Which is to say, it all feels on the tired and lifeless side—there’s no segment here that contains half of the audacious visual stylings of “The Subject,” or even the pure creepiness of the setting in a segment like Chloe Okuno’s “Storm Drain.” Too many of these concepts feel instantly familiar, and the segments as a whole lack even the most basic connective tissue to tie them together in a broader thematic sense, other than the obvious year at the end of the title. This is largely due to the overall absence of a framing device/overarching storyline, as was seen in previous V/H/S installments. These framing device sequences are rarely series highlights, but when employed well (as in the abandoned house setting of the original V/H/S) they can add to the creep factor of what otherwise feels like disembodied pieces of footage. In the original V/H/S, we felt like we were looking in on forbidden pieces of apocrypha, collected by a sick mind. Here, it’s more like we’re channel surfing through student film submissions.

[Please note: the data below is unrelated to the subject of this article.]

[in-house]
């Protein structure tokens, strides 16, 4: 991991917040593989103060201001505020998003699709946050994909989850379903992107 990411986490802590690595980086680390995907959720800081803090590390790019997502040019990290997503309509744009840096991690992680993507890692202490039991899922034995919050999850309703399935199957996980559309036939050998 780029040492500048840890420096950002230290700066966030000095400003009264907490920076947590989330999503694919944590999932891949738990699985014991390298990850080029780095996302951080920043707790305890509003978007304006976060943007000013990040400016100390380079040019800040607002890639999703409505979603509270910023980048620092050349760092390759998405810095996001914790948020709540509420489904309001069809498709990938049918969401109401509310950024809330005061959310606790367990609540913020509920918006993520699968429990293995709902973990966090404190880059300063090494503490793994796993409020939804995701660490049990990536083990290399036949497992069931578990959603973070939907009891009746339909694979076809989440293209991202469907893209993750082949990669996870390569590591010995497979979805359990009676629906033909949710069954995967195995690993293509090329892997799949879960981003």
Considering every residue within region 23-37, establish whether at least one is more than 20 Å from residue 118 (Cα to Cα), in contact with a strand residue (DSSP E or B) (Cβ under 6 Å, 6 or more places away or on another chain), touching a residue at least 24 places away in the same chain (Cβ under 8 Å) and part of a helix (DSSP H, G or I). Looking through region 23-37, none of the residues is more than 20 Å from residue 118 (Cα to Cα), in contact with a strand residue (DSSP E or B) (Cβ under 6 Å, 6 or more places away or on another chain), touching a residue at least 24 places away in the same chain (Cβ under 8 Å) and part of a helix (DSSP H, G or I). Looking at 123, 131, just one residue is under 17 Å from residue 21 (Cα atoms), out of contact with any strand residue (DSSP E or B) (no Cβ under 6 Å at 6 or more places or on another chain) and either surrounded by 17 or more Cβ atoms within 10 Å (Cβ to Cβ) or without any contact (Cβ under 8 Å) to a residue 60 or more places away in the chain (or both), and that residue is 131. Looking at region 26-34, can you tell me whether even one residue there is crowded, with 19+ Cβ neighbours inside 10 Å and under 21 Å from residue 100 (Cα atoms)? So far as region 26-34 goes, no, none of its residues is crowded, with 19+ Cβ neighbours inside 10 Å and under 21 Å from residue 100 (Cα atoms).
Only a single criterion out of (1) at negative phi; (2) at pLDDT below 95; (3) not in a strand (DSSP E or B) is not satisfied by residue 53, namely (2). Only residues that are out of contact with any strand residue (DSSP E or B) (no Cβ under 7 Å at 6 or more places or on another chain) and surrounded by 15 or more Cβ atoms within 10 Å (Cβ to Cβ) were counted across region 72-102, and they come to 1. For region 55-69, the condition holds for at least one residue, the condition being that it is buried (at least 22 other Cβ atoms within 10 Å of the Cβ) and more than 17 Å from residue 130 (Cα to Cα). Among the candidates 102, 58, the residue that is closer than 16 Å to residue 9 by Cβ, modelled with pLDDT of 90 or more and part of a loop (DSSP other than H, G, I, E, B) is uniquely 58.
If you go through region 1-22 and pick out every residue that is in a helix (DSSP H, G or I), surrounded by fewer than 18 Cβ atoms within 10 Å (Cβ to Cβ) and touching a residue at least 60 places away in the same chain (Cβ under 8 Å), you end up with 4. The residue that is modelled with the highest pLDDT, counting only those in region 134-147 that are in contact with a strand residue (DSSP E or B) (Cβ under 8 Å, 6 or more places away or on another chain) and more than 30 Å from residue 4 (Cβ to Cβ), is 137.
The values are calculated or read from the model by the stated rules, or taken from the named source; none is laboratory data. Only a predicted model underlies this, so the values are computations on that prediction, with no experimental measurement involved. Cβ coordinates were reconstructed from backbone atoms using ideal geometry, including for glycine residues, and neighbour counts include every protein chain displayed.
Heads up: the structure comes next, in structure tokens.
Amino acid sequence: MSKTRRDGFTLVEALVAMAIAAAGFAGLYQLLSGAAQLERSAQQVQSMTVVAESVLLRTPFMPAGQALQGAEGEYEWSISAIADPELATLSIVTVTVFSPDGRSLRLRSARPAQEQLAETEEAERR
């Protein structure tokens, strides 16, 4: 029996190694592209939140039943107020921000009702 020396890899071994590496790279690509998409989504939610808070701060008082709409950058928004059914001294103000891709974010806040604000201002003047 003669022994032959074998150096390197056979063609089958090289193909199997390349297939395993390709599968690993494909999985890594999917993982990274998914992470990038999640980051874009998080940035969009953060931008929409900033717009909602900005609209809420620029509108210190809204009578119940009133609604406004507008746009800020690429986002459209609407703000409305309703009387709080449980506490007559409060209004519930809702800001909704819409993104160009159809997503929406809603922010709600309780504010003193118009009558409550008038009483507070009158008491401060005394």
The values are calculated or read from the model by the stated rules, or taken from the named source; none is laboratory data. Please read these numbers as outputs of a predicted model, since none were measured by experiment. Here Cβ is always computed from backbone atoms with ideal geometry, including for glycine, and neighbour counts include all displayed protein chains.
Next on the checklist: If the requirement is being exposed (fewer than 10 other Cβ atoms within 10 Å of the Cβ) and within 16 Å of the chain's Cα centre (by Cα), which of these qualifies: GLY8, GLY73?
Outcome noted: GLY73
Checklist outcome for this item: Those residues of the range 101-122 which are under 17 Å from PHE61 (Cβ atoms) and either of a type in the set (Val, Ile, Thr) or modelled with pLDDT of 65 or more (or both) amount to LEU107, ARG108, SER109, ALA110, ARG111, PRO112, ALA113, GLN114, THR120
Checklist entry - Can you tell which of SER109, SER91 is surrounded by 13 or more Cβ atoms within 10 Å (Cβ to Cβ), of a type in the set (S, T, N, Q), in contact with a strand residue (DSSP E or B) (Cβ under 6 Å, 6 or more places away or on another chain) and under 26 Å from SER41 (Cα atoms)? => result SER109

The highlight here, at least to most viewers, is likely to be Flying Lotus’ “Ozzy’s Dungeon,” positioned in the middle of the feature as its anchor. In its opening moments, it’s immediately clear the kind of mid-’90s parody we’re engaging in here, on the set of a kids’ game show in the style of Legends of the Hidden Temple or Guts. The execution is fine, and Steven Ogg gives it his all as the obnoxious host, indifferent to the suffering of the child contestants, but it’s difficult to square the comedic nostalgia grab—better executed in something like Netflix’s underseen Saturday Morning All Star Hits!—with the second portion of the segment, which sees the kid’s family enacting grisly revenge on Ogg’s host with their own obstacle course of horrors. This gross, misanthropic turn just feels like wallowing in misery for its own sake, replete with characters constantly hacking, coughing, sputtering and phlegmy, as if a concerted effort is being made to render the story as aesthetically grimy as possible. But still, “Ozzy’s Dungeon” isn’t done, as it takes yet another stylistic turn in an over-the-top supernatural conclusion that turns into a literal facemelter, albeit one rendered so shakily that it’s hard to have anything beyond a basic idea of what is going on. Still, among the V/H/S/99 segments, this is the one taking the biggest risks, but that’s mostly by virtue of the others playing things very conventionally indeed.